As the nation deals with a pandemic, Mississippi Gov. Tate Reeves has declared April “Confederate Heritage Month,” in his state, which currently has more than 2,000 cases of COVID-19.
Reeves issued the proclamation on April 3, two days after he changed his mind about issuing a shelter-at-home order in response to the coronavirus pandemic, according to The Jackson Free Press. In the proclamation, the Republican governor called the war “reportedly the costliest and deadliest war ever fought on American soil.”
He also included a generic passage urging “all Americans” to reflect on the past and develop gratitude for the nation’s history.
The move was celebrated by the Mississippi chapter of Sons of Confederate Veterans.
“God bless the Confederate Soldier. He shall never be forgotten. Deo Vindice!” the organization wrote on Facebook. Reeves has a lengthy history with the SCV. He was a speaker at the group’s 2013 national reunion and reportedly praised SCV for “keeping history alive for our youth.” Last February, in the middle of his gubernatorial campaign, Reeves defended his presence at the meeting by highlighting the attendance of Black officials.
“The African-American mayor of the city of Vicksburg also spoke to that group and welcomed them to Mississippi and thanked them for spending money in our state,” Reeves told reporters.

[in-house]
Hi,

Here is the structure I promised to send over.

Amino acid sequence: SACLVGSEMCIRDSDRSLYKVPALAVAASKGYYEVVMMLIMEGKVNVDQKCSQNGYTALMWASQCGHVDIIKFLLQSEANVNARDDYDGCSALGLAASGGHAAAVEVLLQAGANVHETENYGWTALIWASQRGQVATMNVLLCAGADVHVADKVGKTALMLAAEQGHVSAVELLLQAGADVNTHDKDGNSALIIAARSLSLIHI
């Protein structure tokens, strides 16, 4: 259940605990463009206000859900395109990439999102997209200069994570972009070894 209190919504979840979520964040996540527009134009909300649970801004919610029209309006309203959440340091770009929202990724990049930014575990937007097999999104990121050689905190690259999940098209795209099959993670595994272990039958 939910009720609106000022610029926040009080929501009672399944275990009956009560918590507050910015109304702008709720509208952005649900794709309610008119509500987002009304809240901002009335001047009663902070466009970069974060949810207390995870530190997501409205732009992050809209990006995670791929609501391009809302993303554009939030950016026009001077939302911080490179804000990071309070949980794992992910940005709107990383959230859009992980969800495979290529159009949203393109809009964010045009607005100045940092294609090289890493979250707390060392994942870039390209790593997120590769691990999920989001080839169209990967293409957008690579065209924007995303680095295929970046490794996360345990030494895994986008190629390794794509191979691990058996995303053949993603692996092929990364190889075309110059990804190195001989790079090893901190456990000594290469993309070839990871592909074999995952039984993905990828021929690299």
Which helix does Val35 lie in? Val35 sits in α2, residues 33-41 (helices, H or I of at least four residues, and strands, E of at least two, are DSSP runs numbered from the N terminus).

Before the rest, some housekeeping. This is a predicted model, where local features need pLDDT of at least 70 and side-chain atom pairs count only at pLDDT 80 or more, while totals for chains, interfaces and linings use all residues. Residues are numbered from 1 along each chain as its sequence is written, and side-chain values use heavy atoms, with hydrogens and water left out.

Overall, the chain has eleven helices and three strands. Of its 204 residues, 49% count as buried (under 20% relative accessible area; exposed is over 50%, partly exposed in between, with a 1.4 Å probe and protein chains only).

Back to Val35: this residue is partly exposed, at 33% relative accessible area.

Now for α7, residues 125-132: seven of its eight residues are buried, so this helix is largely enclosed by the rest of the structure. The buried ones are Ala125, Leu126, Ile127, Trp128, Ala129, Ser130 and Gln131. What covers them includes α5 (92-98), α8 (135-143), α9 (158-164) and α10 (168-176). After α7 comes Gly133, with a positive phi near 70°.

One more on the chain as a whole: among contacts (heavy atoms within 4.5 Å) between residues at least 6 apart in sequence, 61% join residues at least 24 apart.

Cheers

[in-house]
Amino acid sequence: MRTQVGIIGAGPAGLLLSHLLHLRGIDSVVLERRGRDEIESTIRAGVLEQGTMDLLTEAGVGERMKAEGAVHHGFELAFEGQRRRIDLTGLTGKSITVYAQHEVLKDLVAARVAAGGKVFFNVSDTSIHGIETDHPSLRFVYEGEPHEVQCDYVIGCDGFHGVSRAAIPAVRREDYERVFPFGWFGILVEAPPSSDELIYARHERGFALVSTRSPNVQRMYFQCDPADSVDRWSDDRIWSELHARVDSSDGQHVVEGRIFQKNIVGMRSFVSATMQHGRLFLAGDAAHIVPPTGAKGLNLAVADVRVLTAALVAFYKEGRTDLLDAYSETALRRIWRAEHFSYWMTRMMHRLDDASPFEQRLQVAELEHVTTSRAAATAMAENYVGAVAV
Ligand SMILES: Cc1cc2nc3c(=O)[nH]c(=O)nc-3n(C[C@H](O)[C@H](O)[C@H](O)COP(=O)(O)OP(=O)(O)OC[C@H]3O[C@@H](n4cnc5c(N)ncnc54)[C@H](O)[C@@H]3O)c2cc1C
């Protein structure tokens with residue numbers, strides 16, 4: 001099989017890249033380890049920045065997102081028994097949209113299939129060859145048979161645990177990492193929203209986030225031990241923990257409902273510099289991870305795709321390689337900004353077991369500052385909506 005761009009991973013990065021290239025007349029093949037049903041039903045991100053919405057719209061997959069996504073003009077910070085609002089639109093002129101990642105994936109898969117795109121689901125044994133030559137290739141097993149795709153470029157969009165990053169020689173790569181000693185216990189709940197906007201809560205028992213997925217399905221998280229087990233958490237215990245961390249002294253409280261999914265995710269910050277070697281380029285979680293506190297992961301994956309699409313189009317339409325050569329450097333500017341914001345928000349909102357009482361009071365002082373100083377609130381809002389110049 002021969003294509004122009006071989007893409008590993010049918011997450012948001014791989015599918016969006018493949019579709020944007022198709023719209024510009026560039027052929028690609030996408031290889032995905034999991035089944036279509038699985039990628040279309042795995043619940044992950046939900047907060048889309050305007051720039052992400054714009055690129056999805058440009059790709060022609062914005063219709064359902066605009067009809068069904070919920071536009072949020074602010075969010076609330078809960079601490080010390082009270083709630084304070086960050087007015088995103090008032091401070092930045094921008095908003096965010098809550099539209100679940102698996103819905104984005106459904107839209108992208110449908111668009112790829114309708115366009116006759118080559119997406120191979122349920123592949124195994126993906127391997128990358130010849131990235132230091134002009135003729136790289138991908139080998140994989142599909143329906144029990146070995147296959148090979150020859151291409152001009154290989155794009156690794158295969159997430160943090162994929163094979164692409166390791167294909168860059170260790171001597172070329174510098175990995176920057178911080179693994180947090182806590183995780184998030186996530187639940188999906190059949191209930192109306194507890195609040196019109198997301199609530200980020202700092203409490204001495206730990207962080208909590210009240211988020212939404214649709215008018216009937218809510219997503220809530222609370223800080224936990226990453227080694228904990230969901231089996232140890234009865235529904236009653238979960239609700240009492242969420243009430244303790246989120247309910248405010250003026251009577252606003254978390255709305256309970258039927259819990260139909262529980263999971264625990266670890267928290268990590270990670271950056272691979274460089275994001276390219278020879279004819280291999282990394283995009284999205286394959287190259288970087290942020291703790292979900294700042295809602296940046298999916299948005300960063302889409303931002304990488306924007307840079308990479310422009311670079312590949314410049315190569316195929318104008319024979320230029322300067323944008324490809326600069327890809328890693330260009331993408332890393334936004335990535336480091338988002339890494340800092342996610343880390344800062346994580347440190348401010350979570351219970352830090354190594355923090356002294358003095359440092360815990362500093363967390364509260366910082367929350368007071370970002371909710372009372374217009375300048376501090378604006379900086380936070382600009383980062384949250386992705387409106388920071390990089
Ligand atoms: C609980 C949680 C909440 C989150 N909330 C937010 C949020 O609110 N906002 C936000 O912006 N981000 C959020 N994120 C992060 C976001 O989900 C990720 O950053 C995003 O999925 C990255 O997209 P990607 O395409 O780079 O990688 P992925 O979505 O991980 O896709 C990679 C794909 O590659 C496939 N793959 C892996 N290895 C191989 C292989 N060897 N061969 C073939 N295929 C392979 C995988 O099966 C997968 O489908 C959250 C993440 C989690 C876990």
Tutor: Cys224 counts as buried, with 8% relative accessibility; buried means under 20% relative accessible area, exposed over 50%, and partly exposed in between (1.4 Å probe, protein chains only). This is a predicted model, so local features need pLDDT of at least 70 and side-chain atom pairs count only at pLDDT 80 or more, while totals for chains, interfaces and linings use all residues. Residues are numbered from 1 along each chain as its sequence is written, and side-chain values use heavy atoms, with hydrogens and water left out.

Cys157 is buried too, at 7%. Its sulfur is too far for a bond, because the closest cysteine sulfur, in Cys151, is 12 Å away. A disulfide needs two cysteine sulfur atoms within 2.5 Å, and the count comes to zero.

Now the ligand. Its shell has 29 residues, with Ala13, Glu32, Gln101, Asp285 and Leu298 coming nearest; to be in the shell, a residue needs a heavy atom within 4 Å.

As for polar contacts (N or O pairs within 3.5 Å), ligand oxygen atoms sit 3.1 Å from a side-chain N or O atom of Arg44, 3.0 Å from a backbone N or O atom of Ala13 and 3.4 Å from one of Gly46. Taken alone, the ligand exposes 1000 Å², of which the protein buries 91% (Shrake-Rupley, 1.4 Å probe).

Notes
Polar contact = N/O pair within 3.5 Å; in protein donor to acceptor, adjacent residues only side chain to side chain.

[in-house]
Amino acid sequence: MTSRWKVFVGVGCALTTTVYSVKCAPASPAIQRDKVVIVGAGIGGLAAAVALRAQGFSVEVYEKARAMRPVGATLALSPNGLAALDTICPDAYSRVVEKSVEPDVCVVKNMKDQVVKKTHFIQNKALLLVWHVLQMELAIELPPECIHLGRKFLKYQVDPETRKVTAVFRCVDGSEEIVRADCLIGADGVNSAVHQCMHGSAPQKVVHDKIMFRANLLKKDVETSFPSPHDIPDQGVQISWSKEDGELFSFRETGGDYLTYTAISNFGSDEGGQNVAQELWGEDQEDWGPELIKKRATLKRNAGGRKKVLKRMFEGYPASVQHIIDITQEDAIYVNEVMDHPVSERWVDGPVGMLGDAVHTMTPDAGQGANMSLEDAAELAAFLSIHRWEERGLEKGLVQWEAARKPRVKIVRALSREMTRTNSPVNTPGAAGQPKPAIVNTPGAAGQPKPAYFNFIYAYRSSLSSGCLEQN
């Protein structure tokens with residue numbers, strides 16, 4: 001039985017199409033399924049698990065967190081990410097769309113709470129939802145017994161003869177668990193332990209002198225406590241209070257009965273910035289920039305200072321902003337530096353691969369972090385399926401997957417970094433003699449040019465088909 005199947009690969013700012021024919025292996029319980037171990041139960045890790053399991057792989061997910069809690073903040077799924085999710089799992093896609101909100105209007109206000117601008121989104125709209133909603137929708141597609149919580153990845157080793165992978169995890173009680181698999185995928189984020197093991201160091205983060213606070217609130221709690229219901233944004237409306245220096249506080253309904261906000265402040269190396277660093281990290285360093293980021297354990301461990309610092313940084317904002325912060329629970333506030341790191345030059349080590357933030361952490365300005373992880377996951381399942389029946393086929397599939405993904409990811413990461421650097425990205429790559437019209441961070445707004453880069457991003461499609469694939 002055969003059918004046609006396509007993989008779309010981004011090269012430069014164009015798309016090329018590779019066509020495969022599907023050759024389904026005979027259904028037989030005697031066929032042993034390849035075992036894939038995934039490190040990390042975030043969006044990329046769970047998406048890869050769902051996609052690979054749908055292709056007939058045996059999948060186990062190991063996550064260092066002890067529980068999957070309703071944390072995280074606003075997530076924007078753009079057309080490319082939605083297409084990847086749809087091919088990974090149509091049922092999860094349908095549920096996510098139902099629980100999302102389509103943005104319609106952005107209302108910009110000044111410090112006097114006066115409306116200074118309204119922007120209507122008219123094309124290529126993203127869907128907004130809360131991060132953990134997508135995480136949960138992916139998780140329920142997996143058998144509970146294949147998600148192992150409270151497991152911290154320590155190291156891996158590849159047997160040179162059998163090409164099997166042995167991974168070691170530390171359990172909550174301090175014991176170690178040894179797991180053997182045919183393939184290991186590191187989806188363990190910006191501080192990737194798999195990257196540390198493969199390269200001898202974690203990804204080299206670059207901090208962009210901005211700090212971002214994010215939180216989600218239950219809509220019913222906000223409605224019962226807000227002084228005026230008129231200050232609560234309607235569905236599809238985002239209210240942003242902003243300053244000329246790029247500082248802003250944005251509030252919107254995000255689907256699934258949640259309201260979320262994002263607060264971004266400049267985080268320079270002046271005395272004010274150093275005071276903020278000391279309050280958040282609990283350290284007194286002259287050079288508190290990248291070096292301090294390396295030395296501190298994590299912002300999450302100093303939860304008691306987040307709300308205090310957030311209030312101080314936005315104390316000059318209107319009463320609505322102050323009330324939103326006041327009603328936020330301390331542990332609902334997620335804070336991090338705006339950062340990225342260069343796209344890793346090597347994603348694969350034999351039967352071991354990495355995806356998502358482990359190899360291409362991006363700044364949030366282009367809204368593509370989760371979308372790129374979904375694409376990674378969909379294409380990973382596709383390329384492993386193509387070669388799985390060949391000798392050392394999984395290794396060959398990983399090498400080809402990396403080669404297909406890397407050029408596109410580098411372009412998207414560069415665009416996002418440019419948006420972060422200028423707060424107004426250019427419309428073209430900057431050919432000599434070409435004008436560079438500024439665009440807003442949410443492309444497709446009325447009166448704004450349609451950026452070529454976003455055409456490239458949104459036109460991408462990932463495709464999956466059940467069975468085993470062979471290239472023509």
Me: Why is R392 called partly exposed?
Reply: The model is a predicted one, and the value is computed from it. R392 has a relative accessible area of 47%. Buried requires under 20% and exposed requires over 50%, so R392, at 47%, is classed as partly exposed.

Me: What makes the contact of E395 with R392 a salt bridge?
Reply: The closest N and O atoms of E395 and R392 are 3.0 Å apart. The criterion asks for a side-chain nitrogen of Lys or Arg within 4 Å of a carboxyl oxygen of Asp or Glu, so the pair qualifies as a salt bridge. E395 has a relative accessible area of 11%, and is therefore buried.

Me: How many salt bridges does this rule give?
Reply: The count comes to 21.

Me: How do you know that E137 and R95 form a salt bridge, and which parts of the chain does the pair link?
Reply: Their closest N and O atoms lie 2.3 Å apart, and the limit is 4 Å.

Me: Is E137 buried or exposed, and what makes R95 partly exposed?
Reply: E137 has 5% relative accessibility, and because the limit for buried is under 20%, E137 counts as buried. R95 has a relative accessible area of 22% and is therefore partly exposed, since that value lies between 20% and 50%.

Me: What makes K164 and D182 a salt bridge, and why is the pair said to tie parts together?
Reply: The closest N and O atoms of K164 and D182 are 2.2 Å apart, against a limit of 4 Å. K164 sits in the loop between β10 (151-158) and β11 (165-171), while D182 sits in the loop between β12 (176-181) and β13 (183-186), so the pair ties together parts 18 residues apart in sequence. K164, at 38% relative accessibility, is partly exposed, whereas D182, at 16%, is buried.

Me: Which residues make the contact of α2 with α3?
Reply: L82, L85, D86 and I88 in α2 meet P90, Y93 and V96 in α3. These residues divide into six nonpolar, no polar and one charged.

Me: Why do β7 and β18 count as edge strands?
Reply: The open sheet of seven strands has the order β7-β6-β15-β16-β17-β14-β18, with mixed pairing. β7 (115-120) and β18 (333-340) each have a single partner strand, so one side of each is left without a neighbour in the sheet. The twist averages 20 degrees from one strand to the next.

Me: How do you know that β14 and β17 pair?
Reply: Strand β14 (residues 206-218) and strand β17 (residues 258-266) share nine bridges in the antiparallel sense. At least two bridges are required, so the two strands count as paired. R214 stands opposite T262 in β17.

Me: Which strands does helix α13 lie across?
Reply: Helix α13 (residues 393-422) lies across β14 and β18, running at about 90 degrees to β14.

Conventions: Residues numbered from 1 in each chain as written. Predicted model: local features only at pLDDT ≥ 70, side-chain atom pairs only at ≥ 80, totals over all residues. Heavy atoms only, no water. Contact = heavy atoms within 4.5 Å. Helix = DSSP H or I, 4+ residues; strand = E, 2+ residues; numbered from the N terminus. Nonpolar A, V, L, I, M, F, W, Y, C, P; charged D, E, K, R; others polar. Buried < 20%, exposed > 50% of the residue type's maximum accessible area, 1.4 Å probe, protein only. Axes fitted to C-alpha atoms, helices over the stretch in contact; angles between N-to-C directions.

Reeves was also scrutinized after a yearbook from his time at Millsaps College in Jackson, Mississippi, showed members of his fraternity in blackface and Afros.
He was a member of The Kappa Alpha Order, a fraternity with a track record of fetishizing Southern history and racist behavior. In a 1966 yearbook ad, a member of the club was dressed as a mammy. Confederate military supreme commander and slave owner Robert E. Lee is considered on of Kappa Alpha’s “spiritual fathers” by the fraternity.
The then-lieutenant governor admitted to attending events but denied participating in any racist acts, according to HuffPost.
“As a quick Google search will show, Lt. Gov. Reeves was a member of Kappa Alpha Order. Like every other college student, he did attend costume formals and other parties, and across America, Kappa Alpha’s costume formal is traditionally called Old South in honor of the Civil War veteran who founded the fraternity in the 1800s,” Reeves’ spokeswoman said last year.
“I condemn racism because that’s the way I was raised,” Reeves added. “And I will tell you that’s the way I have governed as lieutenant governor.”